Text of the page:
An Australian man has pleaded guilty to infecting his former boyfriend with HIV.
Martin Peter Jaksic was diagnosed as HIV positive in 2010. But he never shared that news with the man he would soon meet and go on to date for six years even though he was fully aware of the risks.
In a Sydney courtroom on Wednesday, Jaksic pleaded guilty to recklessly causing grievous bodily hard to his former boyfriend.
According to the Sydney Morning Herald, the 31-year-old told the court in a letter than he had been in denial after receiving his own diagnosis and admitted that what he had done to the victim was “cowardly and unthinkable.”
Judge Peter Zahra showed no sympathy for Jaksic saying, “The offender’s conduct was a gross betrayal of trust and a contemptible and callous disregard for the victim’s life.”
“At all times (he) would have been aware of the grave risk of the victim suffering serious illness which had the potential to be life-threatening,” the judge added. “The continuing effect of the harm caused to the victim is incalculable.”
The former boyfriend shared in his victim impact statement that due to his infection he now faces “internal wounds and emotional struggles” that will never heal.
The ex-boyfriend told the court that when he entered into what he believed to be a “close and loving” monogamous relationship more than 6 years ago, Jaksic did not share his HIV status.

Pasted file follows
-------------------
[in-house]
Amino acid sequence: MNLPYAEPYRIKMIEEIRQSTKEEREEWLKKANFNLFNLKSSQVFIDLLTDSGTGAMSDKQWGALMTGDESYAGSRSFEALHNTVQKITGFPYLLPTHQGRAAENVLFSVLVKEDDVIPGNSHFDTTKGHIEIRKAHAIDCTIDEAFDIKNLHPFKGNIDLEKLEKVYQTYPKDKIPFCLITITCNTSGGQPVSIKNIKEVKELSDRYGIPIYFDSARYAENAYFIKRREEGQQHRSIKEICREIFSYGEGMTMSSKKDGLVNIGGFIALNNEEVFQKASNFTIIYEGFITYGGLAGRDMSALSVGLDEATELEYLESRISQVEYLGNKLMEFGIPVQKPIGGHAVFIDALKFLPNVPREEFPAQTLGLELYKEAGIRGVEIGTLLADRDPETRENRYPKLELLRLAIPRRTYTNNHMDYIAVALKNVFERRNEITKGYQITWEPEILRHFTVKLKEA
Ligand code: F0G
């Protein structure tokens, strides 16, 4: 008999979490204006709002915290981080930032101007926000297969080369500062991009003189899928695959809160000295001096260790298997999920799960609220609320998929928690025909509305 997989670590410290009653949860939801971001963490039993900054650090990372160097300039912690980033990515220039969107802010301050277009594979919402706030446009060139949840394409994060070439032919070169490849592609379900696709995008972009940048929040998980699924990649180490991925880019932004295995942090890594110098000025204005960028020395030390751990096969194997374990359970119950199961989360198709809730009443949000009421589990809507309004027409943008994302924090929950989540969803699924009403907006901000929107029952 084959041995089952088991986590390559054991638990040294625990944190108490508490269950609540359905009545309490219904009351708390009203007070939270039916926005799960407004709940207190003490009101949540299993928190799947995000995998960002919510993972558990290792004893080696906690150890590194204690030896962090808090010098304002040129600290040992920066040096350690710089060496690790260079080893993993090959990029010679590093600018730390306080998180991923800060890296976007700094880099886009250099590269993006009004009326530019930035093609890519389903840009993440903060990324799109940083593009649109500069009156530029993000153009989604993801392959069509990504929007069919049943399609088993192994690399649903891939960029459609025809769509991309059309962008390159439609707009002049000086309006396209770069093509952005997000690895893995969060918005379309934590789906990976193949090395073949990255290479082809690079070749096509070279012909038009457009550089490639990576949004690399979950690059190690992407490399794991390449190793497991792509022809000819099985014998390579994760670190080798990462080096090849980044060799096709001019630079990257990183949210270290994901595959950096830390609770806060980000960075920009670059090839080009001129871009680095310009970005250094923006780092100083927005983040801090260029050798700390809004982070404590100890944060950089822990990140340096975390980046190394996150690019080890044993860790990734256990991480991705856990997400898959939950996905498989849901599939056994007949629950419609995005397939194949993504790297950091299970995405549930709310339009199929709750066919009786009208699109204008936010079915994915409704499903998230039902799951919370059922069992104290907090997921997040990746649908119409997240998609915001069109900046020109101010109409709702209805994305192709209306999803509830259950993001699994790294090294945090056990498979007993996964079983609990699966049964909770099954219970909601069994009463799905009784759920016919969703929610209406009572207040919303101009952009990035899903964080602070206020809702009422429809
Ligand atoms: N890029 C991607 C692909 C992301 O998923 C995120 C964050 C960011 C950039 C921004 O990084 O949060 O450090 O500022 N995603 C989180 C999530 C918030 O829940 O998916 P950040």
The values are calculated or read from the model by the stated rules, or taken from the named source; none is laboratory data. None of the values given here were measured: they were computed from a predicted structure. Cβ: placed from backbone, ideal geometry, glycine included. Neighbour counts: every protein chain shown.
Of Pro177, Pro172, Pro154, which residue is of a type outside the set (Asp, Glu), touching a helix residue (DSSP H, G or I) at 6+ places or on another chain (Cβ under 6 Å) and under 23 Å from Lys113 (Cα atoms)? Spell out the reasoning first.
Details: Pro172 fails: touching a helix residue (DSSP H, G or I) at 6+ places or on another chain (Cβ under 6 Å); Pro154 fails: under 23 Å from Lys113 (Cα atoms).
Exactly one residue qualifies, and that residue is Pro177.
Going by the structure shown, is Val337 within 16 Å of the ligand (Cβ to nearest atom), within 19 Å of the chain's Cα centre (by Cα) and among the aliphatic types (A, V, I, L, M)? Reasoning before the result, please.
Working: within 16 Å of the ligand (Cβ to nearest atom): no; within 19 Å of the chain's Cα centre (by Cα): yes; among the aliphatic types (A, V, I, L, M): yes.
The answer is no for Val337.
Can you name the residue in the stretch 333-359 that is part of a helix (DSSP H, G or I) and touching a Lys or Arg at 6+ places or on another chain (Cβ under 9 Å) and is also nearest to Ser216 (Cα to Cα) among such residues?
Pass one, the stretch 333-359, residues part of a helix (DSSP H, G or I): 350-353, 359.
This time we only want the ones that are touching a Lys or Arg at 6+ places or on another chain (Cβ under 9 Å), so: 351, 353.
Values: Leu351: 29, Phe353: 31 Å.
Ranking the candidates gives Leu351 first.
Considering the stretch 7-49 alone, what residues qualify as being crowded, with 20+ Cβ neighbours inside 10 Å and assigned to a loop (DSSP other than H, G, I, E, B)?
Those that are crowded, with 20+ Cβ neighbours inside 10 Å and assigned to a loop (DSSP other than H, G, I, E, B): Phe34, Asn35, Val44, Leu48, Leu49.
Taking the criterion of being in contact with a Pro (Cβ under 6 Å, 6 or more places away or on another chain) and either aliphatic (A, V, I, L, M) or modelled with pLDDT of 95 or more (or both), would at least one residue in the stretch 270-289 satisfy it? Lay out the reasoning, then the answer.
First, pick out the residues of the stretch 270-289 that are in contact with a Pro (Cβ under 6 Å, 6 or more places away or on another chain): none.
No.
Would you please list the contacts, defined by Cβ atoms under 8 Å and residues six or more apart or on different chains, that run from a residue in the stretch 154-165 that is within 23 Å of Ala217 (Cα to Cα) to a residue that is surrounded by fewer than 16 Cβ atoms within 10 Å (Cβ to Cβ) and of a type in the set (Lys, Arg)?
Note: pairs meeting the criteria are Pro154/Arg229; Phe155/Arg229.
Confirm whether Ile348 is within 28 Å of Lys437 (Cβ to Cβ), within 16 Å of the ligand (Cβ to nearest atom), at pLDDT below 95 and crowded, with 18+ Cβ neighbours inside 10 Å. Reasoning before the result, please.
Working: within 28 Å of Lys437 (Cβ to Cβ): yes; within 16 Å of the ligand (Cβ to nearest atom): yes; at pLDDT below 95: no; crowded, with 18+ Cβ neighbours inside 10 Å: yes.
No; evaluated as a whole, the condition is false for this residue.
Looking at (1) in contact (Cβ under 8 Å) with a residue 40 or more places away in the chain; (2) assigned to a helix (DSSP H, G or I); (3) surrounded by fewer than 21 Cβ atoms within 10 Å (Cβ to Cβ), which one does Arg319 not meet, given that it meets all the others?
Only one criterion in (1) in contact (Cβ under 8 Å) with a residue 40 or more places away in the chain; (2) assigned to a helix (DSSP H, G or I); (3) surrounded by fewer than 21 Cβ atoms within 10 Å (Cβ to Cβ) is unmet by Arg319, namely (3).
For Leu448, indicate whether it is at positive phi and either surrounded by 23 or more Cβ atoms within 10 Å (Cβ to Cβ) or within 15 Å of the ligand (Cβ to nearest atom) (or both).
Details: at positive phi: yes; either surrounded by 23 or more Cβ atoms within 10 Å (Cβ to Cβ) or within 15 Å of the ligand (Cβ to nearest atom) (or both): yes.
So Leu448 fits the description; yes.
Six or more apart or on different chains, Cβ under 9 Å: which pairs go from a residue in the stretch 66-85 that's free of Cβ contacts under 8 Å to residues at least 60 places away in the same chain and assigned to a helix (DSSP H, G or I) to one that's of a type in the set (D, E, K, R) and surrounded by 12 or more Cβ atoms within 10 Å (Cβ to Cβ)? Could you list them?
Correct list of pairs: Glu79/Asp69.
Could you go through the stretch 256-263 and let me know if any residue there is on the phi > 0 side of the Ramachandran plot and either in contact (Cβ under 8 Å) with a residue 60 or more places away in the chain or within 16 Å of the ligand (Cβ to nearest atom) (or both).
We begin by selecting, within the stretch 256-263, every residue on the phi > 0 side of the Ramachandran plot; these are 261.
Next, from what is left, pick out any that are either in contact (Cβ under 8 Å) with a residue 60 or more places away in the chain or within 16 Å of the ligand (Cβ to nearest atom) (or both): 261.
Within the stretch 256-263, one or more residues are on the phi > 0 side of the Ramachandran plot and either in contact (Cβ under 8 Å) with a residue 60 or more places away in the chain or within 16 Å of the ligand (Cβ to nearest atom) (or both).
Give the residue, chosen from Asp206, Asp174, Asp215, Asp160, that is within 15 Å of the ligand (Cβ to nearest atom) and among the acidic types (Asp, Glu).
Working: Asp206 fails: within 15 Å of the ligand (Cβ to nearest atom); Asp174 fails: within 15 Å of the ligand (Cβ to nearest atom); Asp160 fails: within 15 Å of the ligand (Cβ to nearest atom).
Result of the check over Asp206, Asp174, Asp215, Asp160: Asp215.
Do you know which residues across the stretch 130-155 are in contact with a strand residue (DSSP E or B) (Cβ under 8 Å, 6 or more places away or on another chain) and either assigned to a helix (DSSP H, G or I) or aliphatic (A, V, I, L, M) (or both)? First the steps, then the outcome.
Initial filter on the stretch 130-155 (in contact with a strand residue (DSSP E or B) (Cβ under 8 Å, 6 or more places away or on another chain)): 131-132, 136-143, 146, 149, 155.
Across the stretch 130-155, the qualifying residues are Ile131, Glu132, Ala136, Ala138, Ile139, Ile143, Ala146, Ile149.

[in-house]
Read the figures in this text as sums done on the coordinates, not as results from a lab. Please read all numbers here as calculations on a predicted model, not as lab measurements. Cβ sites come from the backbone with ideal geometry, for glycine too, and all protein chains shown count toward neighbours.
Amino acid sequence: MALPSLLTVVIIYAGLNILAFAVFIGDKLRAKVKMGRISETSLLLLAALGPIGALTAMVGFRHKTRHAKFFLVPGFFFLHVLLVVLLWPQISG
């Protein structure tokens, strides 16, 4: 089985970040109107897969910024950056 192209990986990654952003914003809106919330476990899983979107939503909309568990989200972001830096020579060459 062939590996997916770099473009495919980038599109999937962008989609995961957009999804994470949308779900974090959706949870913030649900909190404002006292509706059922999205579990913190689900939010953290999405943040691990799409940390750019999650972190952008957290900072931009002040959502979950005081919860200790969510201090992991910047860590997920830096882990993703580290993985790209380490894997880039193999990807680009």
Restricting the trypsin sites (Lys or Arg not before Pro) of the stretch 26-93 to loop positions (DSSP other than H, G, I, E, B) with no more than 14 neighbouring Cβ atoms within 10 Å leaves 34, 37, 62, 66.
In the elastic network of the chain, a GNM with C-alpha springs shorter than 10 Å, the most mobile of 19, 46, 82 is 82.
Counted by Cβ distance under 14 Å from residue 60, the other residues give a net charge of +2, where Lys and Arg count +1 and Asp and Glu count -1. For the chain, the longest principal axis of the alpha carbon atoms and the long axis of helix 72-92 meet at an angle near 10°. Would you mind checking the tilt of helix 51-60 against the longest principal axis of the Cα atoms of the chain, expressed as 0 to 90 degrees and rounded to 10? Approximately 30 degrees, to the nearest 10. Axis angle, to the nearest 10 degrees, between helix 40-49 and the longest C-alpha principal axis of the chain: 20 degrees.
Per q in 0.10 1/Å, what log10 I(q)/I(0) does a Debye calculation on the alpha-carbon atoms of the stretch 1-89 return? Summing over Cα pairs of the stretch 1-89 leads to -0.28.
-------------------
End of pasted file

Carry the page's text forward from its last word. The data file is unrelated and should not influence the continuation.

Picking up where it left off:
Even though the couple had unprotected sex during their relationship, Jaksic never suggested using condoms or any other protection.
The victim added that after trusting Jaksic during their six year relationship, he nows sees him as someone who behaved “dishonestly, callously and ruthlessly.”
Jaksic was arrested at the airport in January 2016 attempting to flee Sydney.
He received the maximum sentence of four years and six months in prison.
According to the Centers for Disease Control, 24 states in the U.S. have laws which specifically require persons who are aware that they have HIV to disclose their status to sexual partners.
Penalties vary from state to state with some treating the transmission of HIV as a felony and others as a misdemeanor.
There has been a movement, however, in recent years to repeal these HIV-specific laws due to the success of antiretroviral therapy which can bring viral levels down to undetectable.
In that the CDC’s current medical policy is that “undetectable=untransmittable,” many feel those who are HIV+ but undetectable shouldn’t be prosecuted in the same manner as they once were at the height of the epidemic.
The REPEAL HIV Discrimination Act was introduced in Congress in 2011. The legislation would call for a review of all federal and state laws involving the criminal prosecution of people for HIV-related offenses.